This is, without doubt, one of my favourite books of all time. From the brilliant opening line, you are totally wrapped in Merricat's bizarre and original world. As a narrator, she is sublime - leading you on into her mind and thoughts - introducing you to the remains of her family that have not been poisoned at the lunch her Uncle spends his time writing about. From the start the world is skewed - to her Uncle, Merricat is not there at all, and both he and Merricat turn to her sister, Constance, for nourishment and care. Constance was accused of the murder of her family, but found innocent, and the town treat Merricat and Constance as oddities to be treated with aggression and fear. Merricat and Constance retreat into their home, reclusive until the sudden appearance of a cousin who brings about sudden changes and who threatens Merricat's world. Their retreat mirrors Shirly Jackson herself - a depressive, obese alchoholic who feared going outside and who fought with her own neighbours, giving glorious expression to her fears and obsessions through her characters. Reading about Shirley Jackson, it seems the residents of her small town were not very happy when they read this book and I can understand why, but to produce such a wonderful work from private anguish is surely the work of a genius. It is wonderful to see this book not only re-released, but also released on kindle, along with some other works by the author. Could we have them all re-released with such care please? The author, and her readers, deserve it and, if you have not yet read this book, then I am extremely jealous.
Help other customers find the most helpful reviews 
Was this review helpful to you? Yes No


2 of 2 people found the following review helpful
4.0 out of 5 stars Suspenseful, 15 Nov. 2010
By 
This review is from: We Have Always Lived in the Castle (Penguin Modern Classics) (Mass Market Paperback)
'My name is Mary Katherine Blackwood. I am eighteen years old, and I live with my sister Constance ... Everyone else in my family is dead.'
A chilling start to this short, suspenseful novella that unfolds slowly with hints that strange as the Blackwood sisters are, we don't know the half of it.
Merricat, said Connie, would you like a cup of tea?
Oh, no, said Merricat, you'll poison me.'
That's what the local children chant and we know early on that Constance has been accquitted of the murder of most of her family. Hard to write more without giving too much away but it builds up to a climax reminiscent of Shirley Jackson's horrific story The Lottery.
She doesn't give you all the answers, though ... and you're left wondering about how strange Merricat was before that night when everybody died, and what was her relationship with her shadowy - but unpleasant-sounding - parents?
The house is a character in its own right, so wonderfully described that you can see it, the sparkling china and silver, the glowing preserves, taste Connie's wonderful cooking. Do you take sugar?
Help other customers find the most helpful reviews 
Was this review helpful to you? Yes No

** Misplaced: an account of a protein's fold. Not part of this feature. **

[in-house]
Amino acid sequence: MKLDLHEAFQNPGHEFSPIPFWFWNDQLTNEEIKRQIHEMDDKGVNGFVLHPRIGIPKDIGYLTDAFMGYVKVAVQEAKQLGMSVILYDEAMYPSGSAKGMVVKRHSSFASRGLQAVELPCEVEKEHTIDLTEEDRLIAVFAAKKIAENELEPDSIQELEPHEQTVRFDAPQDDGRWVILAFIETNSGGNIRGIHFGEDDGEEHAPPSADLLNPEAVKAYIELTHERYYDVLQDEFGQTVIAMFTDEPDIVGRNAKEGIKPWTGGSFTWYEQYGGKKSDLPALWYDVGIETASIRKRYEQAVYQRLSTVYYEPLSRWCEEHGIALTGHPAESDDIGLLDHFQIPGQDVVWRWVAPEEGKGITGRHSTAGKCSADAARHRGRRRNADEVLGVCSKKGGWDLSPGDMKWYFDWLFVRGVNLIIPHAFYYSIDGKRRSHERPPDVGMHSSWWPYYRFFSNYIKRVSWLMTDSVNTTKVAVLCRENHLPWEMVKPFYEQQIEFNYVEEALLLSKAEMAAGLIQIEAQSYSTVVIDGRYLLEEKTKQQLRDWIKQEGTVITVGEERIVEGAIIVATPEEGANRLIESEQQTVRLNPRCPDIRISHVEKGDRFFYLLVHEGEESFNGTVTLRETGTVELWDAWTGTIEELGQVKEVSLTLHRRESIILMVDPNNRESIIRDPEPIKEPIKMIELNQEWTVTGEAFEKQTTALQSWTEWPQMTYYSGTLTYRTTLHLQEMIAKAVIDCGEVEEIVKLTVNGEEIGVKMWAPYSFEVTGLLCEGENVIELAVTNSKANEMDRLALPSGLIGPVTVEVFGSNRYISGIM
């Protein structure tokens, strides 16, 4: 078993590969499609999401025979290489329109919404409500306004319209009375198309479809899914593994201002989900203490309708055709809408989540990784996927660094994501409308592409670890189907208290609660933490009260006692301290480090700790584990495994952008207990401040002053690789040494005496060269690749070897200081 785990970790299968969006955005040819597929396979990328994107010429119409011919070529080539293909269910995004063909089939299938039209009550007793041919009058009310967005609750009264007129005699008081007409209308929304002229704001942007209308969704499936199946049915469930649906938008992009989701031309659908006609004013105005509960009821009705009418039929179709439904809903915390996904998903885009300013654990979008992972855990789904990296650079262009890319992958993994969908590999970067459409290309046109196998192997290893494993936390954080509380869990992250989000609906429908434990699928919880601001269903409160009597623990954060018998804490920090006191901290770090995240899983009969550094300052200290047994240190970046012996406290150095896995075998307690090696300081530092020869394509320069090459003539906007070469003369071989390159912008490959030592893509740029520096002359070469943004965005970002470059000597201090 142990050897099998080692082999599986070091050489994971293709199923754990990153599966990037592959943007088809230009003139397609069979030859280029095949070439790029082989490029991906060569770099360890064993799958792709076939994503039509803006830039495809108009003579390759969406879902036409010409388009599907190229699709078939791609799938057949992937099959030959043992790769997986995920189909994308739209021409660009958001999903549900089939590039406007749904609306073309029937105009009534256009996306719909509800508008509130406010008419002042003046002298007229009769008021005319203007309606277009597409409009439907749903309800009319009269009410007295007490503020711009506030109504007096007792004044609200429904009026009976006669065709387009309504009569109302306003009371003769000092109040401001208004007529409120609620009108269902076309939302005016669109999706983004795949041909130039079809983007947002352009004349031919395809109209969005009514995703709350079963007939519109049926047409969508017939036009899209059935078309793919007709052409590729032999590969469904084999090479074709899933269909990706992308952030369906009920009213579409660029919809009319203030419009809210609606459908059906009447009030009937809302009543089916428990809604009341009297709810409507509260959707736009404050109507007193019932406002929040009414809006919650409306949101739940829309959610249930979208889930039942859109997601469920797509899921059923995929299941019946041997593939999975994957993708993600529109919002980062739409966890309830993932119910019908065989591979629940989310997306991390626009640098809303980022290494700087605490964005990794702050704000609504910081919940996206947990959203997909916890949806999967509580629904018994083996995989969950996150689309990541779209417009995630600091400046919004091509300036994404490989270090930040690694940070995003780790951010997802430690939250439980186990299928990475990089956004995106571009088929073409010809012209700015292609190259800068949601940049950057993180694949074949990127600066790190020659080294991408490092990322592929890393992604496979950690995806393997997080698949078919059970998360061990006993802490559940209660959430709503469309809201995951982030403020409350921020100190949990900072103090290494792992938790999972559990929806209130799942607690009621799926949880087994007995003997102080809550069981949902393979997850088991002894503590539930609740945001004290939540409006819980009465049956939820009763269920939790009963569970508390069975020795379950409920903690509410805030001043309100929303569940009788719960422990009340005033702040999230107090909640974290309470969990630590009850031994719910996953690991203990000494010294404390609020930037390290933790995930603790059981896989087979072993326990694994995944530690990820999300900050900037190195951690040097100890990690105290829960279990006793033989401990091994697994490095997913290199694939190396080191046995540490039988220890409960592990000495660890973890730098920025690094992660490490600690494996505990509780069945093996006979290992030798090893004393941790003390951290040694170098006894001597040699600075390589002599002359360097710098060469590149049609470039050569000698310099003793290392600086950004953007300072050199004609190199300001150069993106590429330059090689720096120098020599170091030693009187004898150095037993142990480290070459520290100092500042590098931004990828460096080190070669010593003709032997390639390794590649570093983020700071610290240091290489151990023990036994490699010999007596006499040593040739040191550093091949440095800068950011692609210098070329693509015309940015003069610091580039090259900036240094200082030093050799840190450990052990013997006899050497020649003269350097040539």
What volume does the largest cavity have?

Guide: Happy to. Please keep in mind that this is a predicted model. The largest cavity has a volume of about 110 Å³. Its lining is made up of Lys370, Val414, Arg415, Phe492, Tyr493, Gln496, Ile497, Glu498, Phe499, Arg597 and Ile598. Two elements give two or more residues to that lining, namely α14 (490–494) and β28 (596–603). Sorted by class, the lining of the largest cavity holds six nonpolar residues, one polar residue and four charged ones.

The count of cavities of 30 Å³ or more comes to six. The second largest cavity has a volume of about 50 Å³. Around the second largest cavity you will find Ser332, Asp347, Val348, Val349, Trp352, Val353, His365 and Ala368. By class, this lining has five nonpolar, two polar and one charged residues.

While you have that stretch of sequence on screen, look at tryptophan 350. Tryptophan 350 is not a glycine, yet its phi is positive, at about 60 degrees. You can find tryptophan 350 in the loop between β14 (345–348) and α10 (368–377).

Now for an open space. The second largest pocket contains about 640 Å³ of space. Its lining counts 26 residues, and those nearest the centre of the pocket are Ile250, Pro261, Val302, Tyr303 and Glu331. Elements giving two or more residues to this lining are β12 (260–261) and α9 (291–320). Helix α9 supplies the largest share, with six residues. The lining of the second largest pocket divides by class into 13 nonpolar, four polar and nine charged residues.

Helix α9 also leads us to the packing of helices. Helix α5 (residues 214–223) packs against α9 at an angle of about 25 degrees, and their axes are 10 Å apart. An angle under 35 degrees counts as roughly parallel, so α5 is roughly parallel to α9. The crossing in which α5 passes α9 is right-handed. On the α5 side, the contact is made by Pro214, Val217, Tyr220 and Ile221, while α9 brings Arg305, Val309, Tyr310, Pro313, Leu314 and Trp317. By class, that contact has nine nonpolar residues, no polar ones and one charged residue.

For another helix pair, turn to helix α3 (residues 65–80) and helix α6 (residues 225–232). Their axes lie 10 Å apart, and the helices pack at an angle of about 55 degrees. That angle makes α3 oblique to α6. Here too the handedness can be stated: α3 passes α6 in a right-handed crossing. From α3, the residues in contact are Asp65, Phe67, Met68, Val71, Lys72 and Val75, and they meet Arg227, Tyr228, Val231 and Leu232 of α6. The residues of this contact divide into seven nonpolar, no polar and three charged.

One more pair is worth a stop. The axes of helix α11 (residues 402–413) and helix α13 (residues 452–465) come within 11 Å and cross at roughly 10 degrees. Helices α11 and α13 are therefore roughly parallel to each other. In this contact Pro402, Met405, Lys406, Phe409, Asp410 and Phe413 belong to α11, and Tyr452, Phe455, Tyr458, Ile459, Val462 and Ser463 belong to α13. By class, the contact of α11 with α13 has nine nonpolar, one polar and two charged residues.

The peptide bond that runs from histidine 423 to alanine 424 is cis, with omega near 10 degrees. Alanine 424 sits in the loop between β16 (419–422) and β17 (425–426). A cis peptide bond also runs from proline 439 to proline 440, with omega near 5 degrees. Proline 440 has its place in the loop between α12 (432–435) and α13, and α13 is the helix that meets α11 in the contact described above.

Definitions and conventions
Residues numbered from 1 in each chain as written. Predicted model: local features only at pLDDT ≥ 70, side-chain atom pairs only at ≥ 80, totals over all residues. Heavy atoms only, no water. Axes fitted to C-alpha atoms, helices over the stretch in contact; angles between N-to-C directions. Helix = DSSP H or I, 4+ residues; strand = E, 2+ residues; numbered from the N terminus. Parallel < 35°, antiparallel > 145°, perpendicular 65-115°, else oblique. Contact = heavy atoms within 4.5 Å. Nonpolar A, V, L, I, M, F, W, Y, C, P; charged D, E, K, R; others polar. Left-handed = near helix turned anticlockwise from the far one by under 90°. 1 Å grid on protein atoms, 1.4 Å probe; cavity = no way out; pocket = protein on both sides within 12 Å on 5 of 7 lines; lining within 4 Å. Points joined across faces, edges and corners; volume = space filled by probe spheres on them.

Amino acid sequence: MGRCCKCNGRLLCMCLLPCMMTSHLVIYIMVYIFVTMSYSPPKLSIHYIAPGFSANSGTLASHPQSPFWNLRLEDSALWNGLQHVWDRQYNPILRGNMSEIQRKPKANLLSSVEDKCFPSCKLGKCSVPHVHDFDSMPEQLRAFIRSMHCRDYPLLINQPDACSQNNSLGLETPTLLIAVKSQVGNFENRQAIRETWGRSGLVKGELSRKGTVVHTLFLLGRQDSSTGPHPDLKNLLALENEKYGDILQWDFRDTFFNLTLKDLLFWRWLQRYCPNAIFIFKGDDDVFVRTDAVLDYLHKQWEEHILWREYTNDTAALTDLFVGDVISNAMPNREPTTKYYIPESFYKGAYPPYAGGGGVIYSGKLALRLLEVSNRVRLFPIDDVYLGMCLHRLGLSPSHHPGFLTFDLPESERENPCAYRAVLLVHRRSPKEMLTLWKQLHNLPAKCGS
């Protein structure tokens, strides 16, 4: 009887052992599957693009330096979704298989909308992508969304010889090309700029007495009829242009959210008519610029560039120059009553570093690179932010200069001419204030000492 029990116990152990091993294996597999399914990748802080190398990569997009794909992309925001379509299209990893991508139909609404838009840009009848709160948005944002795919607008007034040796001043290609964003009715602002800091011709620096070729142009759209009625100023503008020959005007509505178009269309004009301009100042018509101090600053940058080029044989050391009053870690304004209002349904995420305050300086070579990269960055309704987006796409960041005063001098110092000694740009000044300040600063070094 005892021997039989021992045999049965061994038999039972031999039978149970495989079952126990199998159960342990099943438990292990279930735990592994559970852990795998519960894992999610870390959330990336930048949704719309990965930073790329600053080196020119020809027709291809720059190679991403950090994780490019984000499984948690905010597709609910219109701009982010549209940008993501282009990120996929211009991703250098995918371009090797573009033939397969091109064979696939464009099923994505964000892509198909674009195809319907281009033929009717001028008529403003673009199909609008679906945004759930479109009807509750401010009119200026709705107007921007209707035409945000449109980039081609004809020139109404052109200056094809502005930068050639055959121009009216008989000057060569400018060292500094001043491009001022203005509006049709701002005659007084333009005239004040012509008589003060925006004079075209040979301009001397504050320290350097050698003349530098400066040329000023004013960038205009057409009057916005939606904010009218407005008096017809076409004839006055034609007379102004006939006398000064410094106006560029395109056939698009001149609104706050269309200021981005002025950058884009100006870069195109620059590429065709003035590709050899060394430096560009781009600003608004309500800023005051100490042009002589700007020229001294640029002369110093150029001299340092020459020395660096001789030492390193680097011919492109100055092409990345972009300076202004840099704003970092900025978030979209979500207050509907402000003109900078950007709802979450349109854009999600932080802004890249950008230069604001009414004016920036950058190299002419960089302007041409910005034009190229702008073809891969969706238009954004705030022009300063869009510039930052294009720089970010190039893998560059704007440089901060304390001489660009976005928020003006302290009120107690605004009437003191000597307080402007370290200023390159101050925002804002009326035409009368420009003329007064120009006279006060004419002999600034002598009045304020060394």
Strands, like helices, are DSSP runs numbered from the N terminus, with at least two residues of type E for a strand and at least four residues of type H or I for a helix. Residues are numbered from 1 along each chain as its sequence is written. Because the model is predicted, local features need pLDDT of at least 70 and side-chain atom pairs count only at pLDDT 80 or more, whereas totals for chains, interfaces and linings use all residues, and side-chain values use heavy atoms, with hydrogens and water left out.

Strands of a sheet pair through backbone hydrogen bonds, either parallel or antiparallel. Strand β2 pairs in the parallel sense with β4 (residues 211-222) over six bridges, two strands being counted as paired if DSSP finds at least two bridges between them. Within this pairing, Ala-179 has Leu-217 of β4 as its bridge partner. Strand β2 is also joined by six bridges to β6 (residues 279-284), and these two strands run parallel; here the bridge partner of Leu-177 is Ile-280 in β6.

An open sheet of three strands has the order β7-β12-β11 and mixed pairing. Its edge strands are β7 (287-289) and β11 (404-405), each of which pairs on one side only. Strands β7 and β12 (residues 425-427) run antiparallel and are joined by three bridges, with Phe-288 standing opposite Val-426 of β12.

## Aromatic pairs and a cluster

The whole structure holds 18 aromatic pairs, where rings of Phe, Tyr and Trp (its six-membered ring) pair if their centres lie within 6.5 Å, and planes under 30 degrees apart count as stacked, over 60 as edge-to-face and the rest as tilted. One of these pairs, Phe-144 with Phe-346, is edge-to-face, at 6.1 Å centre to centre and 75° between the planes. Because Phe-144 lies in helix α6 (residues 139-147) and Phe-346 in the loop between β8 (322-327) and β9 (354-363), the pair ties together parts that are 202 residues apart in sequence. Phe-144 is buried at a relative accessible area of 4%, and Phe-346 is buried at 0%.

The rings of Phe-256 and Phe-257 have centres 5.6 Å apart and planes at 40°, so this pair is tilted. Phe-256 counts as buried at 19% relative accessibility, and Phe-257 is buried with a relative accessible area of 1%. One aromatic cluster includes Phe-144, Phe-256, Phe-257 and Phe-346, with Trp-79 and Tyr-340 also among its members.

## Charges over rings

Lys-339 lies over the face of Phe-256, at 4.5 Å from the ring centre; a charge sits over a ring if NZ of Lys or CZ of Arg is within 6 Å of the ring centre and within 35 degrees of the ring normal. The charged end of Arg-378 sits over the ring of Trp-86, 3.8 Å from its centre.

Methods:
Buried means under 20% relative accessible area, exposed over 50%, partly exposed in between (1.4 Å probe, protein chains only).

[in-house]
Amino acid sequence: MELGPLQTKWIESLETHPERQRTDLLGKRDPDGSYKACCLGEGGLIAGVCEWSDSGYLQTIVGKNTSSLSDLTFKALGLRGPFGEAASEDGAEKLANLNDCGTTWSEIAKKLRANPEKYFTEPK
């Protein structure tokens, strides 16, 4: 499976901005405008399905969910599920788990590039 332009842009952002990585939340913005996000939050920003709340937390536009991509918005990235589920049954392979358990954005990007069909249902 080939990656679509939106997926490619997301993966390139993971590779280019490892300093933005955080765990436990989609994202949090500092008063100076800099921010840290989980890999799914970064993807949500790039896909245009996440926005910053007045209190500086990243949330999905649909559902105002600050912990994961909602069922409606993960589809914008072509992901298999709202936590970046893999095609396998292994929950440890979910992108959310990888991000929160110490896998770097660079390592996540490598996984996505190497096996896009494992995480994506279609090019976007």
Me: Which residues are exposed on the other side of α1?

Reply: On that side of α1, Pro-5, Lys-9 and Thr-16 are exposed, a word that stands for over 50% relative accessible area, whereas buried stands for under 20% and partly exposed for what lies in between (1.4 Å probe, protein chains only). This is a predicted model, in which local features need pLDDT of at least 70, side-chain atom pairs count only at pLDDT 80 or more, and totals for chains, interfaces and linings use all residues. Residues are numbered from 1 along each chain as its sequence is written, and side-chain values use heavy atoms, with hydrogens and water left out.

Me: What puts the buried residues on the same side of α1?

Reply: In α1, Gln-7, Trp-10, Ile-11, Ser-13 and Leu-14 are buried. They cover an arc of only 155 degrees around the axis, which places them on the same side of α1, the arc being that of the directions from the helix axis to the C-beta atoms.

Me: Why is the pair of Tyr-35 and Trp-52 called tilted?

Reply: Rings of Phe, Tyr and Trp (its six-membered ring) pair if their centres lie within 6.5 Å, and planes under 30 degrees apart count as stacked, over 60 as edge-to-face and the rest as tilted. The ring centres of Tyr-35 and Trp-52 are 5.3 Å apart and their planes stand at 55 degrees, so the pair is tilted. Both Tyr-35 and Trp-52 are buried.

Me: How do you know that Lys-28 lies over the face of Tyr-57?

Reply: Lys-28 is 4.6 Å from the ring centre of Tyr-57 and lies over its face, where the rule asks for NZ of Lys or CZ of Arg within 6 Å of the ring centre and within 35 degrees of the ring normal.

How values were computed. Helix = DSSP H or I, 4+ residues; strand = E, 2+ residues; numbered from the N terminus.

2 of 2 people found the following review helpful
5.0 out of 5 stars An intense read and creepy tale, 13 Aug. 2008
By 
Annabel Gaskell "gaskella2" (Nr Oxford, UK) - See all my reviews
(VINE VOICE)    (REAL NAME)   
A creepy tale of a big house where the two Blackwood sisters, Constance and Merricat, live with their old uncle. The local villagers treat them with suspicion and hate, after six of the Blackwood family died one night from poisoning. Constance was tried and found innocent. The sisters and Uncle Julian try to live quietly in their mausoleum; Constance tends the garden, Uncle Julian sees to his papers, and the beloved Merricat patrols and protects the estate with ritual and amulets. However, one day cousin Charles arrives - and life will never be the same after that.
This short novel is an excellent exercise in paranoia, the whole 'did she didn't she' questio over the poisoning, the villagers' suspicion (and jealousy, for the Blackwoods are not short of a penny, although they don't flaunt it at all), and then the catalyst that arrives to upset everything.
A very intense read and beautifully crafted tale.
Help other customers find the most helpful reviews 
Was this review helpful to you? Yes No


1 of 1 people found the following review helpful
5.0 out of 5 stars An Unsettling and Compelling Read, 25 April 2014
By 
Susie B - See all my reviews
(TOP 50 REVIEWER)   
This review is from: We Have Always Lived in the Castle (Penguin Modern Classics) (Mass Market Paperback)
Eighteen-year-old Mary Katherine, known to her family as Merricat, lives with her older sister, Constance, and their ailing Uncle Julian, in the Blackwood family home. These three characters are the only surviving members of the wealthy Blackwood family; the remainder were all poisoned six years before by arsenic which had been mixed into the sugar bowl. Merricat, who was twelve at the time of the poisoning, had been sent to bed in disgrace; Uncle Julian took only a little sugar and, after being terribly ill, just managed to survive; Constance, who does not take sugar, was charged with the murders, but was acquitted. (No spoilers, we learn all of this early on in the novel). Now the three of them live practically as recluses in the large family house set in the middle of the New England woods, Merricat being the only one able to venture down to the village to buy groceries and to change the library books. However, on her twice-weekly shopping trips, Merricat is taunted by the villagers and their children tease her with a nasty rhyme: